Vitamin C is a powerful antioxidant that can be found in a wide variety of fruits and vegetables including citrus fruits and green leafy vegetables. Did you know that we are one of the few mammals on earth who cannot make vitamin C? So we are dependent on nourishing foods to supply enough vitamin C for our system.
And finally, I would include in any patient consultation or when looking at the health of my kids, that they are having enough sleep on a regular basis. Our bodies need enough sleep to regenerate, detoxify and maintain a healthy immune system. So for an adult aim to get eight hours of good restorative sleep most nights and your body will be able to work on any pesky bugs who may be responsible for a common cold.
If you are getting coughs and colds more often than usual, it may be wise to visit your health care provider to ensure your body, including your immune system, is working well.
Are you aware that your surroundings may contribute to you and your family’s health? An important part of maintaining and restoring good health is to address your environment and the impact it can have on a cellular level.
Potential sources of toxins I commonly find in clients seen in clinic include:
- water supply
- chemicals used for cleaning in the home
- gardening supplies
- furniture which can release toxins, called “off-gassing” which can be harmful particularly when the item is brand new
So what can you do to help your body detoxify these toxins from the inside out?
Supply your body with plenty of phytonutrients. These are naturally occurring compounds found in plants which increase your body’s ability to detoxify. We have receptors in our gut lining for phytonutrients.
Examples are whole, real foods such as broccoli, bok choy, kale and Brussel sprouts. Foods which are high in antioxidants include dark, leafy green vegetables and berries are great choices.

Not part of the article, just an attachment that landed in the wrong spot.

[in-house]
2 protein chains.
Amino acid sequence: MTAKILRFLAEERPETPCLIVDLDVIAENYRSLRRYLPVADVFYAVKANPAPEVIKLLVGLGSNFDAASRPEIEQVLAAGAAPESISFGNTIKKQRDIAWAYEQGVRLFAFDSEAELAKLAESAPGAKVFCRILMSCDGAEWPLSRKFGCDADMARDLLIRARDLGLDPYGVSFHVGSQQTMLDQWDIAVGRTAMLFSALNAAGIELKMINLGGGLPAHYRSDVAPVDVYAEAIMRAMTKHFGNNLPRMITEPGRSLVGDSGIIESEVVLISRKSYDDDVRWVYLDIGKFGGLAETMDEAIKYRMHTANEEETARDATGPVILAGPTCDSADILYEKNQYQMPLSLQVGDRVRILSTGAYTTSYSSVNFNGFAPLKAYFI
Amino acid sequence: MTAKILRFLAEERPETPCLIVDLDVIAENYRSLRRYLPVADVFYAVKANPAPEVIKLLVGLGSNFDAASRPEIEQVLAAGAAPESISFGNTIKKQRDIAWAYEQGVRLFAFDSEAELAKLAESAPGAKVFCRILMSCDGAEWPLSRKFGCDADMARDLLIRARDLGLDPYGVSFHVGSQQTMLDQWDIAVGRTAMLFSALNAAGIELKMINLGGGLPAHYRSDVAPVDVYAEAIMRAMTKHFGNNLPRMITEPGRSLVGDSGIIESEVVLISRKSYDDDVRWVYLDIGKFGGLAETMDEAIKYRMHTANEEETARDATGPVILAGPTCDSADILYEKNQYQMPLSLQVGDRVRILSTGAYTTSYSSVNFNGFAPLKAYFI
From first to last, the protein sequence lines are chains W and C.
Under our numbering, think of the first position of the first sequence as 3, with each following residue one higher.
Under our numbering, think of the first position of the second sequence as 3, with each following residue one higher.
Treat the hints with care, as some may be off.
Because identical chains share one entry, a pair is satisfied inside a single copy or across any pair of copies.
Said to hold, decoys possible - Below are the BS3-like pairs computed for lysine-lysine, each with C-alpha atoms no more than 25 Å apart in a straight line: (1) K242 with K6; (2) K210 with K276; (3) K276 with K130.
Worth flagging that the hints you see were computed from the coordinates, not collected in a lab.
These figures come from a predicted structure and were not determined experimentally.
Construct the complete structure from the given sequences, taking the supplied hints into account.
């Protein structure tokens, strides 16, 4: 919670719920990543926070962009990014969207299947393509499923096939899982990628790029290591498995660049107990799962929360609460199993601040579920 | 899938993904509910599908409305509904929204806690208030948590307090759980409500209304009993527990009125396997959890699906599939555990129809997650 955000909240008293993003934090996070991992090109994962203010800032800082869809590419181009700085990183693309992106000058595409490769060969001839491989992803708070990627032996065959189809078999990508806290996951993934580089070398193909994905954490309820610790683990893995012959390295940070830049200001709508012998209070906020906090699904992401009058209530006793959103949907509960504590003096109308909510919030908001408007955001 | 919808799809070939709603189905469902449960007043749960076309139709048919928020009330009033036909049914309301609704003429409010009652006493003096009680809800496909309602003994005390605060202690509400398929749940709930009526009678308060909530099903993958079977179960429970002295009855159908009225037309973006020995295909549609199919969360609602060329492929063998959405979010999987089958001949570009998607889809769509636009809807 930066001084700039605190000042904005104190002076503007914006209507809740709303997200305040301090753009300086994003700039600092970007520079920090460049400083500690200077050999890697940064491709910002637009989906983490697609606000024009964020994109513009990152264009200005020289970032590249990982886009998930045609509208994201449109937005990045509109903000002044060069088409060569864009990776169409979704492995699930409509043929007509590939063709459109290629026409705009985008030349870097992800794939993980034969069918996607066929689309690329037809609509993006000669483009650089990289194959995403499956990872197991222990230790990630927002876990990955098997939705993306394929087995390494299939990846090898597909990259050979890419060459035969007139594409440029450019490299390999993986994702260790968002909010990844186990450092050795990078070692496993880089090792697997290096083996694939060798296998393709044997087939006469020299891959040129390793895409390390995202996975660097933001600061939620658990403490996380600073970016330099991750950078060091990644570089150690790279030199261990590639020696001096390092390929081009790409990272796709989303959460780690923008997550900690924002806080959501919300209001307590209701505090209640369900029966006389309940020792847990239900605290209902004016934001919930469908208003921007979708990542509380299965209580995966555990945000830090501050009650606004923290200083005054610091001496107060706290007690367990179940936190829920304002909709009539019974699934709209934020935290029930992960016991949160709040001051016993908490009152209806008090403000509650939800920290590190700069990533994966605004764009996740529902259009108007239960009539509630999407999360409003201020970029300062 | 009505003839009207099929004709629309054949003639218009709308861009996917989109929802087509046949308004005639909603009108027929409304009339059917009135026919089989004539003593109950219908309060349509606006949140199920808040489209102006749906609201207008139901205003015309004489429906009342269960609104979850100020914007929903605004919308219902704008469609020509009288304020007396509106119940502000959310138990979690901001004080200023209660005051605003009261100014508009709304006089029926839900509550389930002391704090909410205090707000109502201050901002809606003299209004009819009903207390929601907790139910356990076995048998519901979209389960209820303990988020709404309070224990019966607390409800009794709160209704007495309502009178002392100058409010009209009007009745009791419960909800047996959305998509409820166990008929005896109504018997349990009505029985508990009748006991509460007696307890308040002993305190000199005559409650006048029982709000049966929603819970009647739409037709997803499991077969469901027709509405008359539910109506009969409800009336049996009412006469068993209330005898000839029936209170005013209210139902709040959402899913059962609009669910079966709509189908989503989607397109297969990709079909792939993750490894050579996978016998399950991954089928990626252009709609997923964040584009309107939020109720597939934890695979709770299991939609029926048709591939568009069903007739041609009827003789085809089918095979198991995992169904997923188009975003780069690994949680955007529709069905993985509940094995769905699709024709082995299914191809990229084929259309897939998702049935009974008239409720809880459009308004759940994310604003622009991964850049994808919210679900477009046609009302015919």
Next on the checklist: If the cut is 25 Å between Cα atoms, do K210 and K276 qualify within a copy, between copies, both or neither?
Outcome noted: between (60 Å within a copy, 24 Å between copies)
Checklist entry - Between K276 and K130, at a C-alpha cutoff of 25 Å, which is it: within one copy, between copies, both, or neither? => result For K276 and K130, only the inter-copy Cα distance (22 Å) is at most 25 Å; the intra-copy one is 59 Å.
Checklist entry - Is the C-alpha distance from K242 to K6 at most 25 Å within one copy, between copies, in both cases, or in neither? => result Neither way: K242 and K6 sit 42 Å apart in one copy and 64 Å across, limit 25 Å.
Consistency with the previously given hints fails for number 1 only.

Avoid plastics. These are commonly found in items such as disposable coffee cups, canned foods and even in supermarket receipts.
Bring your own keep-cup to the barista, buy tomatoes in jars or cartons and avoid touching the supermarket receipt.
Use glass or stainless steel for a water bottle and to store leftovers in. Rather than buying water in a plastic bottle, install a water filter at home – I have a reverse osmosis water filter installed at the kitchen sink.
Avoid mercury in foods you eat. Choose smaller fish like sardines or cold water fish such as salmon or mackerel. These fish have lower mercury levels than some of the big fish such as tuna and swordfish. For fruits and vegetables select organic where you can to minimise exposure to environmental toxins.
Look at your cleaning products and personal care lotions and potions. Where you can, make changes to use natural, simple products. These can include easily available items such as vinegar and baking soda for cleaning the house. For personal care, coconut oil is natural and smells great. It can be used for make up removal and moisturising.
Just think, if you would be ok eating the product you’re using then it’s safe for your skin.
Finally get moving! We can detoxify through exercising and sweating. Find a buddy and get out into the fresh air or try a sauna or steam room.
So make your life cleaner for yourself and your family. Look into where you can combine a whole-foods diet with a less toxic environment and a healthy lifestyle and notice what rewards you reap.